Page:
These people are handsome, generally light complexioned, slightly built with black, hazel eyes, brown hair and long straight or aquiline noses. They are basically straightforward, unsophisticated, hospitable people. They are greatly attached to the hills, their native place. The land itself is beautiful with the hillsides contoured in terraced fields. The Kumaonis are orthodox and cling to their old customs.
Marriages are arranged only if horoscopes of the girl and the boy tally. On the appointed day, the bridegroom's party goes to the bride's house in a procession with the bridegroom riding a horse. This procession is accompanied by music played with the help of local musical instruments. This procession is compromise of dancers with swords in their hands and flag bearers with red white 'nishan' (symbol) and a few others carrying boxes with gifts for the bride form the barat.
The groom's party is welcomed by the bride's father at the gate of his house. The women of the house make beautiful coloured patterns (alpana) on the ground to welcome the groom. While he stands on the alpana he is showered with gifts by the bride's father. The main ceremony is performed at night when the father gives his daughter away (kanyadan) followed by saptapadi (going round the sacred fire seven times). Next morning the marriage party returns to the bridegroom's house alongwith the bride.
The birth of a son is immensely rejoiced. When the child is 6 days old a ceremony known as 'chatti' is performed. There is a big feast at night and the women of the family celebrate it by singing and dancing. When the child is 12 days old, a name is decided for him in accordance with his horoscope. The name is whispered into the child's ear through a conch shell by the family 'pandit' or priest and close relatives.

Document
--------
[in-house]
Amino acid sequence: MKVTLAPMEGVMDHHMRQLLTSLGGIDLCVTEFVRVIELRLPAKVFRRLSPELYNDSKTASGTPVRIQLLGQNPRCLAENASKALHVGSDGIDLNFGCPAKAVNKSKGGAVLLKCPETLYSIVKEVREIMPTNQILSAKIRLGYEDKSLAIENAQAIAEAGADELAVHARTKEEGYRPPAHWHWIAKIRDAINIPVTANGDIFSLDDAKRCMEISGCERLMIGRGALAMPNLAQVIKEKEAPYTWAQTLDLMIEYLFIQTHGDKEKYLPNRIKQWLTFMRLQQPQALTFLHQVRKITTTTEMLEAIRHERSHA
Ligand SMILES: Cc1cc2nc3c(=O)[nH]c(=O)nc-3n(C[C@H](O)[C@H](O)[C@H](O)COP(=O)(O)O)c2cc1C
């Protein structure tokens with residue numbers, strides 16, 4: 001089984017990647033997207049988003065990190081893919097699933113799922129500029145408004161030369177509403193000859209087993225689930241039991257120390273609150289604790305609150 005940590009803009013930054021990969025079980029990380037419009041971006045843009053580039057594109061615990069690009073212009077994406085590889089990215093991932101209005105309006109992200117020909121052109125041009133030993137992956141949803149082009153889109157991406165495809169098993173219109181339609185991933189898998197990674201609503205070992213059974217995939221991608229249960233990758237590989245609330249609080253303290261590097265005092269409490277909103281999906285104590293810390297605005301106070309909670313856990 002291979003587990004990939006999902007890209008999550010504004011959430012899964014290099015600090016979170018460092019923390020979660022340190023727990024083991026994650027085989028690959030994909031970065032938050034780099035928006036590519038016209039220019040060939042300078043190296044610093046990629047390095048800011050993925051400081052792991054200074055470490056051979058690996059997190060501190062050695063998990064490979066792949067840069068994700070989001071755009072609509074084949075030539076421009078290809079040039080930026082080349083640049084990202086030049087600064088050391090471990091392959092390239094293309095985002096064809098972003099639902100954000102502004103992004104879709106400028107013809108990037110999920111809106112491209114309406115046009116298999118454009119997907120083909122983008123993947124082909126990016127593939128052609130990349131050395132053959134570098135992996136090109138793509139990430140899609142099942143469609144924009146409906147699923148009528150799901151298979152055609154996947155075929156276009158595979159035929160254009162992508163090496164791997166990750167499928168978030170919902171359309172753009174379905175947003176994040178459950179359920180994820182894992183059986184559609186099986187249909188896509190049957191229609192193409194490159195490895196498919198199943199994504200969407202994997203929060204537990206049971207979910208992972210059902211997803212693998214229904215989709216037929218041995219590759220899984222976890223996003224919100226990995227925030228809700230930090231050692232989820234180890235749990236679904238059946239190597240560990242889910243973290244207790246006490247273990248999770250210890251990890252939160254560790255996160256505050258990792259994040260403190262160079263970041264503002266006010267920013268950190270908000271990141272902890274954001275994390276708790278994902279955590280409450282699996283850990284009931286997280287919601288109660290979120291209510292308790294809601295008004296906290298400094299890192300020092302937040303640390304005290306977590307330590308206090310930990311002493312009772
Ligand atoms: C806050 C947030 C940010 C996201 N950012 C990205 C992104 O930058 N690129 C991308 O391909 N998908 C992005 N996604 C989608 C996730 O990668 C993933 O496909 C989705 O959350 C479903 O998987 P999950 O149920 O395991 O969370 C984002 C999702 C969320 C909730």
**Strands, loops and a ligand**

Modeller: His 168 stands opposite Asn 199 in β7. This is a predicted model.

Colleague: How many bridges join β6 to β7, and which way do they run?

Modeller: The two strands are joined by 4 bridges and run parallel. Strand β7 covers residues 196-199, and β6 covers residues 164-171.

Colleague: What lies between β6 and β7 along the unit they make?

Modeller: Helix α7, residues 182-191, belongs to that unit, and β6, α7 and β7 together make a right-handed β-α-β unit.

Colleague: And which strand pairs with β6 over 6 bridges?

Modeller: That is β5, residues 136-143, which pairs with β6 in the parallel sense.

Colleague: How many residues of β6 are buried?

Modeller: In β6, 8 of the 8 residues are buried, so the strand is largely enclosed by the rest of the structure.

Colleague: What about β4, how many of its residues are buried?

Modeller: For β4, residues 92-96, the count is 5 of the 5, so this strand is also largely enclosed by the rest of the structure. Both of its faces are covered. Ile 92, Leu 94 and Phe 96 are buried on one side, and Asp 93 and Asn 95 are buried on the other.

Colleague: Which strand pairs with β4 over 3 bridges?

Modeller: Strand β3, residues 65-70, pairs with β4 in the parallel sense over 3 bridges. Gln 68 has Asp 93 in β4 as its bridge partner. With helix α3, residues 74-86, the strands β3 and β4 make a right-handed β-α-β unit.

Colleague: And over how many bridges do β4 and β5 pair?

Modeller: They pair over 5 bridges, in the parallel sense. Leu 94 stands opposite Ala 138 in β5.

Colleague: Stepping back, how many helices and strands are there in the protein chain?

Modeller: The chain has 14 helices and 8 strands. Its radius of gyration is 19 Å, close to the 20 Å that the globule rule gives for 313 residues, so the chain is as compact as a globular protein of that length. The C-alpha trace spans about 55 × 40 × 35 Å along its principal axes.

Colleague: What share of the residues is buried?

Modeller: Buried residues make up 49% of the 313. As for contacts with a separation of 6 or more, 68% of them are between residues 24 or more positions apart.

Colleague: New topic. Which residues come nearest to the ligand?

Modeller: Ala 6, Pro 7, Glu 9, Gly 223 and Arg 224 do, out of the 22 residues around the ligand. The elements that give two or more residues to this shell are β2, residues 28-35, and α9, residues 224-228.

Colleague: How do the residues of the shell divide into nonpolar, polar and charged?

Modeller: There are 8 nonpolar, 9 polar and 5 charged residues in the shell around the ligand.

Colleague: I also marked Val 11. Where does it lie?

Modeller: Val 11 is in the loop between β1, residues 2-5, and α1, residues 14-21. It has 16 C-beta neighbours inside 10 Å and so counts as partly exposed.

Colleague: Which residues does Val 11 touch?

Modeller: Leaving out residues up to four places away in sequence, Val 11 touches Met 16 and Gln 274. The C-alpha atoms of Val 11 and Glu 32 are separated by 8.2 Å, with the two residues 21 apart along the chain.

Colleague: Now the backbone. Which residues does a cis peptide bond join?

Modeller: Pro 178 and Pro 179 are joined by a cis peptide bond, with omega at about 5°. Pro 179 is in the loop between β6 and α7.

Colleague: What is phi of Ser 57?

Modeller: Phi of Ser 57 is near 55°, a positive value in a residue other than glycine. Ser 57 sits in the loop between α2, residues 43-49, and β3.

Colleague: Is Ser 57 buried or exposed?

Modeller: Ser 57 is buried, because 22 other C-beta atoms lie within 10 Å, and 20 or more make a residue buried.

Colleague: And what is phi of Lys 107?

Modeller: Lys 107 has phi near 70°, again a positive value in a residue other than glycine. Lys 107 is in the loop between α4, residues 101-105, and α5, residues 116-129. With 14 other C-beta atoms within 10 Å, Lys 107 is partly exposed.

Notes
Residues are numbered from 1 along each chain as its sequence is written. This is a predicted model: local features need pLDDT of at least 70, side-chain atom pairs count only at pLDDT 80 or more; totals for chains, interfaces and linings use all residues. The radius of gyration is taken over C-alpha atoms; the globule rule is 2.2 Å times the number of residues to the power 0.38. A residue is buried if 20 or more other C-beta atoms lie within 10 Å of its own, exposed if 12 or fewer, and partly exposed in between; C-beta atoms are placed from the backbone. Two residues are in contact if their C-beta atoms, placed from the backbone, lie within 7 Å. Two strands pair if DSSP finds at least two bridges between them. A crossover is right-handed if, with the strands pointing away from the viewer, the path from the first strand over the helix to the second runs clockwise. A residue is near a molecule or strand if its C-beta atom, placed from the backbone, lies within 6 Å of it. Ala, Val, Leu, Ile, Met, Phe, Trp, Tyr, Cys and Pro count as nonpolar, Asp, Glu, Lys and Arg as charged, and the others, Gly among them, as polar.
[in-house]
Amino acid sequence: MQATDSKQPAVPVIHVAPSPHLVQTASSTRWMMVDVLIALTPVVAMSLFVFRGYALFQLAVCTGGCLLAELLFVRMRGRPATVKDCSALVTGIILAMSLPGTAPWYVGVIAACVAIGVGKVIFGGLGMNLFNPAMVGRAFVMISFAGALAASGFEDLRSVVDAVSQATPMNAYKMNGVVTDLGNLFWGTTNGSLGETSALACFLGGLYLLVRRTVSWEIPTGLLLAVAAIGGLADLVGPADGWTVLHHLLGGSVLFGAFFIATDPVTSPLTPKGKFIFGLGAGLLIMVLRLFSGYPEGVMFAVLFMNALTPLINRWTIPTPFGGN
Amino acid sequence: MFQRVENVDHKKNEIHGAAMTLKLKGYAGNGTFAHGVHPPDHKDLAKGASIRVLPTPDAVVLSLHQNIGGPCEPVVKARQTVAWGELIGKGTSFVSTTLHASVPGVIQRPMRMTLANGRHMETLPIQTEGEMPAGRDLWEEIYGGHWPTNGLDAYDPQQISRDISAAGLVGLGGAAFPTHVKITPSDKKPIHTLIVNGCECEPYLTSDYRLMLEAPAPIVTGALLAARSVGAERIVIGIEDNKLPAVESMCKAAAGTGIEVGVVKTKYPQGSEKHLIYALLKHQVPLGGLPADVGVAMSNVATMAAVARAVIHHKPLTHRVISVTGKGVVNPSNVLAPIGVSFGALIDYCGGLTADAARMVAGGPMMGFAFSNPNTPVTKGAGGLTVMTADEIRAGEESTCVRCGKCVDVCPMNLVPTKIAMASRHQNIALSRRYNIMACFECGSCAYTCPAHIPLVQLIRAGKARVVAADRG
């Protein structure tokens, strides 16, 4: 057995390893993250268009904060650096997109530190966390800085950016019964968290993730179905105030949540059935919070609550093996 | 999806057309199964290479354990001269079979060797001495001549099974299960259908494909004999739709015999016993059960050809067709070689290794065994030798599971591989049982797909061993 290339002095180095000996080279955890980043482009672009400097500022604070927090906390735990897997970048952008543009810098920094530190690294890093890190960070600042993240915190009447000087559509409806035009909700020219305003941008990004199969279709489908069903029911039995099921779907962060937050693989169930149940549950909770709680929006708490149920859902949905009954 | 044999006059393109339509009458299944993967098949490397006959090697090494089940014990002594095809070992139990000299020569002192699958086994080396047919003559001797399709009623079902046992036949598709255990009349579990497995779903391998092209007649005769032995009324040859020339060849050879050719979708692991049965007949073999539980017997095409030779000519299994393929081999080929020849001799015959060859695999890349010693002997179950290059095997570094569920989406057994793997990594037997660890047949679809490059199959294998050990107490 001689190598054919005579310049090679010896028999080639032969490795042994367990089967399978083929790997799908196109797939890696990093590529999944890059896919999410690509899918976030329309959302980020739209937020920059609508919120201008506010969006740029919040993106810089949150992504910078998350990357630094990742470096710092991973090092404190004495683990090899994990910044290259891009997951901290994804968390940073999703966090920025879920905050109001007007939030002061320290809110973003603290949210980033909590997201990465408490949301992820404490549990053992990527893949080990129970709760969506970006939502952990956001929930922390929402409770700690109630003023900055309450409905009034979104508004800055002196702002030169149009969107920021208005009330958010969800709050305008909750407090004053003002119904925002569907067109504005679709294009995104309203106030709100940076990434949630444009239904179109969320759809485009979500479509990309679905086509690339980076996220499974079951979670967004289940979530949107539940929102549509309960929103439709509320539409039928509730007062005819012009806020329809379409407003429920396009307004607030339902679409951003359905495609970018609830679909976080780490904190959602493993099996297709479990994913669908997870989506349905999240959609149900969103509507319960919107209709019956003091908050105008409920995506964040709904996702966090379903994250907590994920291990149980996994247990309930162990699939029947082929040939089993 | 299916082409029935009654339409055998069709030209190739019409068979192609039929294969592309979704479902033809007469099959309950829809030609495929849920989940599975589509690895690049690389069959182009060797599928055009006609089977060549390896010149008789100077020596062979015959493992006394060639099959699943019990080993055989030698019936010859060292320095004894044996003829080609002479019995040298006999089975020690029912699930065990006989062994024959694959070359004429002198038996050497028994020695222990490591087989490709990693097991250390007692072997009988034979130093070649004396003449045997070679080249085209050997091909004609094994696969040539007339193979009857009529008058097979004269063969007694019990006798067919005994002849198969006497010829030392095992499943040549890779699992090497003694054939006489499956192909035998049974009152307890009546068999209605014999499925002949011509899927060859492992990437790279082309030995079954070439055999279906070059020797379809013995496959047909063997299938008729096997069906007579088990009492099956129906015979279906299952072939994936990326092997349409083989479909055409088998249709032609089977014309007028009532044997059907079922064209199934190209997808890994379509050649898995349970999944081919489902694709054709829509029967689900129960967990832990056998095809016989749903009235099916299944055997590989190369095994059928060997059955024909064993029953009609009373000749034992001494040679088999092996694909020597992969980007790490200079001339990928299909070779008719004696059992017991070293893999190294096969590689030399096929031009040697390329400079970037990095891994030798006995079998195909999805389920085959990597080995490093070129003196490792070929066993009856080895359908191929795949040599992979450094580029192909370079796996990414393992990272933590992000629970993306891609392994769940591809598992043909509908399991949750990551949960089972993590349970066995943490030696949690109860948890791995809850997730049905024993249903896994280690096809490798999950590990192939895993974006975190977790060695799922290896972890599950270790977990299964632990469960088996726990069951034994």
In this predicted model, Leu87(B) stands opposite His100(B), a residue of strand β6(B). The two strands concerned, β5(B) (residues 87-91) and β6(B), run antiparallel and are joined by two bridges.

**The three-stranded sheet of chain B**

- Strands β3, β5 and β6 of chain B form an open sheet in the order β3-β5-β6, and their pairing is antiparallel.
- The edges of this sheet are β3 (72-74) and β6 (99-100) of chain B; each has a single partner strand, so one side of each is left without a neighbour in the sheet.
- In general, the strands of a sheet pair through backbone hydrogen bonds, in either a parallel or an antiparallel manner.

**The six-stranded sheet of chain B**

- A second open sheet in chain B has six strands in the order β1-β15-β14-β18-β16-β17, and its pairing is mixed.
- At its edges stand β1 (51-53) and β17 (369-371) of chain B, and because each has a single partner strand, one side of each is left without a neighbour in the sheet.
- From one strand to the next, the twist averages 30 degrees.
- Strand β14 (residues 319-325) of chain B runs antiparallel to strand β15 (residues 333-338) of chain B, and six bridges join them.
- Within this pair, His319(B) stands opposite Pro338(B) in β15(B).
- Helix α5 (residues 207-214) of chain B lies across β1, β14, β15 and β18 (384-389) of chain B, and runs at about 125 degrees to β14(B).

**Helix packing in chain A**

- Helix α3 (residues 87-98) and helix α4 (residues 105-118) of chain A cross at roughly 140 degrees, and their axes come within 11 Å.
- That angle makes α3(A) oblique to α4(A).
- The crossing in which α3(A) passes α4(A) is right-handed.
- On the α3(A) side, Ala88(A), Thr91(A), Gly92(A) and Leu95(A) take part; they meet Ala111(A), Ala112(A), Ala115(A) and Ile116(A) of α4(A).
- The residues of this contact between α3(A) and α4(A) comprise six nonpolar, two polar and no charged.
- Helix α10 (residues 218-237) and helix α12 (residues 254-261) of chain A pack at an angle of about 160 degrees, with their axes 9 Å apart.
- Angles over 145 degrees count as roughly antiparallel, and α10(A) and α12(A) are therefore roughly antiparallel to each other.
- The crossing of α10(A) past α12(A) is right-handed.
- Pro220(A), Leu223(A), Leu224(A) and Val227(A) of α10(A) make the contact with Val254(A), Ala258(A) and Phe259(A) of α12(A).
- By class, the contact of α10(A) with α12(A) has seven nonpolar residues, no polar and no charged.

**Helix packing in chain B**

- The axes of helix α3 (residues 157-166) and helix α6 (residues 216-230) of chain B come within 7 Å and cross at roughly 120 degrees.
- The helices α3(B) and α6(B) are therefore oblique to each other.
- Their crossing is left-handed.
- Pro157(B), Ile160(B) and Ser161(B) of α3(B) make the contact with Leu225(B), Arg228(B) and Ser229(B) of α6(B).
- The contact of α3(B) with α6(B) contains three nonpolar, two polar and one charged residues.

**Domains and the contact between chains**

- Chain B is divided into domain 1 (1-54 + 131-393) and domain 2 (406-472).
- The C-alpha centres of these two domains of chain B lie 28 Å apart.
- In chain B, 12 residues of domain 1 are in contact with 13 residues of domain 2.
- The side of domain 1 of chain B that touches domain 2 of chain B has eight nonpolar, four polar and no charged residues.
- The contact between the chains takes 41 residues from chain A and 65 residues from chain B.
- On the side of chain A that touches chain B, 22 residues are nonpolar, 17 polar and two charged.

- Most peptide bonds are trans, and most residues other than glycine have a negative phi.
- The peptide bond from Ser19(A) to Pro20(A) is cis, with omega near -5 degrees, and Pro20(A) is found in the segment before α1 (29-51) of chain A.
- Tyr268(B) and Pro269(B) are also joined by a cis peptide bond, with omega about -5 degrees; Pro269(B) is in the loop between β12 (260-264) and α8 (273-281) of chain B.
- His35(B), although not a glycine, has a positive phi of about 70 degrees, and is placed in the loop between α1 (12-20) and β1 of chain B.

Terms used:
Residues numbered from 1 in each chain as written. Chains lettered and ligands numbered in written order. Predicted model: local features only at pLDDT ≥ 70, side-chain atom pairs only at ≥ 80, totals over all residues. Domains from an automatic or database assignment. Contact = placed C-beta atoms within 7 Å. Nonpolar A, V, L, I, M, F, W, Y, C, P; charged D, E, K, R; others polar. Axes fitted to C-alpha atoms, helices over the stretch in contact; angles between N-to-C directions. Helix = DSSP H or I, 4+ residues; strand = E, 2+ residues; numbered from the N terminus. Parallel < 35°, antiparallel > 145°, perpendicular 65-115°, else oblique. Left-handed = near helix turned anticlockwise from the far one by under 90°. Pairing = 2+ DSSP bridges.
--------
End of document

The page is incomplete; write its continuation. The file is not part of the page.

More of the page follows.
The sacred thread ceremony is generally held when the boy is in his teens. At the beginning and end of every ceremony conch shells are blown, bells rung and the guests put vermilion paste on each other's forehead. The death of a relative is mourned from 3 to 10 days depending on the closeness of the relationship.
The primary occupation of the people is agriculture but the holdings are small and in spite of backbreaking toil in the small terraced plots carved out of the hillside, the return from the land is meagre. As a result the natives face financial constraints. Only the forests provide work to a number of people, especially to the landless peasants. A large number of families, living nearer the plains, make both ends meet by coming down during the winter months and working in farms and forests.
Young men are always eager to be employed in the defence forces or in the government service. In order to earn something they even take up jobs outside Kumaon. As a result, only elderly people and young women and children are left in the villages and it is the women on whom the work of tending the fields falls. They have to work very hard from morning to night.
The Kumaon Regiment is one of the oldest regiments in the country and was founded in 1780. Its men fought bravely during both the world wars, a number of whom were recipients of the Victoria Cross were mentioned in dispatches and were decorated.